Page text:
Where do you draw the line between parody and sincerity? Some say that the best satire is that which is most difficult to distinguish from the real thing, and in the case of the infamous two-button fighter Divekick many are still scratching their heads as to how to approach it. It’s obvious at a glance that this is a game that wears its love of fighters and questionable stance with the Fighting Game Community on its sleeve, but just how deep does the ironic rabbit hole go? (And does the Mad Hatter wear a fedora?)
If word of Divekick has somehow eluded you up until this point, its history is relatively simple: As a joke, several members of the FGC banded together to form a development house – One True Game Studios – and produced a fighting game that boiled their collective experience with the genre down to the simplest form possible. This game ran on exactly two inputs, Dive (jump) and Kick (uh… kick), and featured two identically-handling characters, Dive and Kick (noticing a pattern here?) when it made its debut at Ultimate Fighting Game Tournament 8 in 2012. Much to the surprise of the One True Game crew their game was extremely well-received, and after another favorable showing at EVO that year and a successful Kickstarter campaign soon afterwards Divekick was on its way to becoming an honest to goodness game under the studio’s new name, Iron Galaxy Studios.
A few things have changed since the first prototype was thrown before the mercy of the FGC last year, but despite what you may hear from the purists nothing betrays the brilliant simplicity at Divekick’s core. The roster may have expanded from 2 to 13 and a few special moves and meters may have snuck their way in, but these all function within the same framework as the original concept and not only highlight the strengths of the unique system the game uses but also deepen the cuts at its targets’ expense. It’s a strange moment when you find yourself needing to consult a guide to better understand how a character’s special moves work in a game with only two buttons… strange, but sobering.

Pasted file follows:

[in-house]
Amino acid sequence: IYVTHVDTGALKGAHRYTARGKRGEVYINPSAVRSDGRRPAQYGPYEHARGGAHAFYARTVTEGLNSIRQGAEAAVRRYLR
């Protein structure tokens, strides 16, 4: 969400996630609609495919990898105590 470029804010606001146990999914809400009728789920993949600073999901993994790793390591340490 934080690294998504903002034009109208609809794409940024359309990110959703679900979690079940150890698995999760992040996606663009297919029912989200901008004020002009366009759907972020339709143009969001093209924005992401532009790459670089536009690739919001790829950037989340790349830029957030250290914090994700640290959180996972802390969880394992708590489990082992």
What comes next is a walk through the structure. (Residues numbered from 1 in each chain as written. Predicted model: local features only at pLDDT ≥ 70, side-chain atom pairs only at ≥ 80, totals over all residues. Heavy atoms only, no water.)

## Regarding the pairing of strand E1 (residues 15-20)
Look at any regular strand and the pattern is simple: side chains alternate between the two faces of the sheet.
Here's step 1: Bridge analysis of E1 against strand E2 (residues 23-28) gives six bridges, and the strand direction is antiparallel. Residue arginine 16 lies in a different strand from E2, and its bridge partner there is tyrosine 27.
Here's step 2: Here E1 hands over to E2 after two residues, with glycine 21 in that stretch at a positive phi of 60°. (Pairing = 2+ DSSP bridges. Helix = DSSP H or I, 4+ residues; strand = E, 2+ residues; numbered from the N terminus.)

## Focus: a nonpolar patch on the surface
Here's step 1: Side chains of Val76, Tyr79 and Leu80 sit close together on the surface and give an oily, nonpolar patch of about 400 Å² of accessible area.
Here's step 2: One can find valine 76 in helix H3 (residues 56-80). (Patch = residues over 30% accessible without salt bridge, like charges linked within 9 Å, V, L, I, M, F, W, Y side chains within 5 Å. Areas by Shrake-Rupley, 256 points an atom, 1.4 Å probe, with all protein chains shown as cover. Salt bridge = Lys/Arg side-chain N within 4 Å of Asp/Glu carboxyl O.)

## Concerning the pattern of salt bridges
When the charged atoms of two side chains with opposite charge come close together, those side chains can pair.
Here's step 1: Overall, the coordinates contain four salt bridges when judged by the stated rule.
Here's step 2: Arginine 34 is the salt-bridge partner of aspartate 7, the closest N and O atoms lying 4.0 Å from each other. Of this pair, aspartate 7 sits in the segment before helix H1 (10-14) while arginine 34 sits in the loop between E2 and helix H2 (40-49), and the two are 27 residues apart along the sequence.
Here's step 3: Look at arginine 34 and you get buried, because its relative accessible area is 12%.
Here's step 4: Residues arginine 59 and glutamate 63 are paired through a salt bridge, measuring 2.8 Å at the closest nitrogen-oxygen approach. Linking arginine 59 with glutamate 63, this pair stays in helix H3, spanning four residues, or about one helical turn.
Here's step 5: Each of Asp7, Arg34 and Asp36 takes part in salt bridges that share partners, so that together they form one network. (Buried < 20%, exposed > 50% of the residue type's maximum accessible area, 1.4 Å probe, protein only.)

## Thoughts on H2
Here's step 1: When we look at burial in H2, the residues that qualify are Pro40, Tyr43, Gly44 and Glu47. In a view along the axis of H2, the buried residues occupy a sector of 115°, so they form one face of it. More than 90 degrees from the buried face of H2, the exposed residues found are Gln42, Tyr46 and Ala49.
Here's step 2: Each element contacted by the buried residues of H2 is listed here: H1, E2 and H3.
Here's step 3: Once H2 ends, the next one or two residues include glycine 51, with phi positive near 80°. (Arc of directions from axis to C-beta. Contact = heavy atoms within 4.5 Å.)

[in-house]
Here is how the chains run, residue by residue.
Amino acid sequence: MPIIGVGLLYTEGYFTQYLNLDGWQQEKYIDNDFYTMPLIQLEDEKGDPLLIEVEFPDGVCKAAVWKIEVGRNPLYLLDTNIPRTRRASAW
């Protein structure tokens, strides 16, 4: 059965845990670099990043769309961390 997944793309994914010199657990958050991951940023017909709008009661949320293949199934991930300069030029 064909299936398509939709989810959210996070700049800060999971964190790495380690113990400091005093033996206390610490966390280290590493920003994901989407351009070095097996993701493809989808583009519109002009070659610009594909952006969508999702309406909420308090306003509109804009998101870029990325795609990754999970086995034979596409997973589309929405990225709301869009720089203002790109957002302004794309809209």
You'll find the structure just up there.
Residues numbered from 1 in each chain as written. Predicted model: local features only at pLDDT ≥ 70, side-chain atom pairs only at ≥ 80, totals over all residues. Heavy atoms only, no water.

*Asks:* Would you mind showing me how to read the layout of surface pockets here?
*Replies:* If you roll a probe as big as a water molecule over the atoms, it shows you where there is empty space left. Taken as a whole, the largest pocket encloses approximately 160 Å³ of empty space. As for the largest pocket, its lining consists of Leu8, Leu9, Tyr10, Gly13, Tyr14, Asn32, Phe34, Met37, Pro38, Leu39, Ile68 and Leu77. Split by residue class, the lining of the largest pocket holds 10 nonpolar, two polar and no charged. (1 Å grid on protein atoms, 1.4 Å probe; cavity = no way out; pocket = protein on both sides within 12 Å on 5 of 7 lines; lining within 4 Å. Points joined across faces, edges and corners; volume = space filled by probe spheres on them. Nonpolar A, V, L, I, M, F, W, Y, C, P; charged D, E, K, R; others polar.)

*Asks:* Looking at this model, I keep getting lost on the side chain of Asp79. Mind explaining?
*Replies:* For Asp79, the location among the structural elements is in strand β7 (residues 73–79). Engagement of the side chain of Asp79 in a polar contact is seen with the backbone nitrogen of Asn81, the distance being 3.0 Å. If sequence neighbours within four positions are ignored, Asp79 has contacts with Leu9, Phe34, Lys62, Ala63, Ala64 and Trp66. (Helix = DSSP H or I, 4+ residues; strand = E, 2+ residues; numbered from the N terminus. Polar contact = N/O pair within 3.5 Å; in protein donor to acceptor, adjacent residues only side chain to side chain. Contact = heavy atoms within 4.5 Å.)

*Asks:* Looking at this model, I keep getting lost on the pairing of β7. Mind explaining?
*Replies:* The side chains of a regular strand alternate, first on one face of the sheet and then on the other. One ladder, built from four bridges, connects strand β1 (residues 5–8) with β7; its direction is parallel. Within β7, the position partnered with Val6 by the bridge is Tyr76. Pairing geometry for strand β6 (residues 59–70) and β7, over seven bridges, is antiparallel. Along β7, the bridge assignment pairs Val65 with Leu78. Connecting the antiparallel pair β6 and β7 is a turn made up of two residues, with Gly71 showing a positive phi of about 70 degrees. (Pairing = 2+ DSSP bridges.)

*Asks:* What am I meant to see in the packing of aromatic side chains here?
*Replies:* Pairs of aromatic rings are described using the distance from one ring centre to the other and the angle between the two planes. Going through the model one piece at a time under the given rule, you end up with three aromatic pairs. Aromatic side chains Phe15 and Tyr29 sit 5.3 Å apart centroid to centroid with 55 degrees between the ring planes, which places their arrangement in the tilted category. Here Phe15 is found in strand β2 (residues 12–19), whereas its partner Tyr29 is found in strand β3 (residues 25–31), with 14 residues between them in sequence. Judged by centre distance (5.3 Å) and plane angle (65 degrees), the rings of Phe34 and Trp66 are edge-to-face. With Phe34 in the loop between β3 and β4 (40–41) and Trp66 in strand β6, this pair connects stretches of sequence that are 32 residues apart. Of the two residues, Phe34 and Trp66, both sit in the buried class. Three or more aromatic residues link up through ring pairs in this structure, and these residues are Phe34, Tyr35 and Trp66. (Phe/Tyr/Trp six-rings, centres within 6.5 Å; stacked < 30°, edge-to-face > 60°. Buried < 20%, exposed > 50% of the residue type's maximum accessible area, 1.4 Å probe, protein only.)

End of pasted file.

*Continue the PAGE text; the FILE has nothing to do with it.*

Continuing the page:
That’s really what makes Divekick such an extraordinary game: It’s the logical endpoint of the “easy to learn, hard to master” model and it’s completely functional on disparate skill levels. It’s fully capable of being played by newcomers to the genre, actually almost begging to be the starting point for those intimidated by the nigh-impenetrable candy shell of nomenclature and trends keeping them from the creamy chocolate center of understanding the modern fighting community. Paradoxically, though, it’s simultaneously crafted for the veteran player: Don’t let the limited interface fool you, this is a game that requires a good amount of strategy and forethought. Maybe not as much as the average fighter you’d see at EVO, but when taking everything into account the average round of Divekick contains a surprising amount of depth. On top of that, parody of the FGC and fighting games in general is an inexorable part of the game, and whether it’s the obvious gender-swapped Kung Lao surrogate or little details like the “SALT” sign in the arena crowd (or knowing the story behind The Baz) the more you know on the subject the more you’ll enjoy.
Figuring out whether or not to recommend a game like this is a bit difficult. On the one hand (or rather, foot) it works well as an in for someone looking to get into fighters on a much more basic level than other games actively attempting to do so like Skullgirls or Tekken Revolution, but on the other the kitschy nature of it has a way of scaring away people expecting anything but a 100% serious title to be a joke inside and out. The best I can do is direct you back to the core concept: A fighter with only two buttons. If you’re still interested after hearing that, find a way to try it out. If not, the other features probably won’t win you back.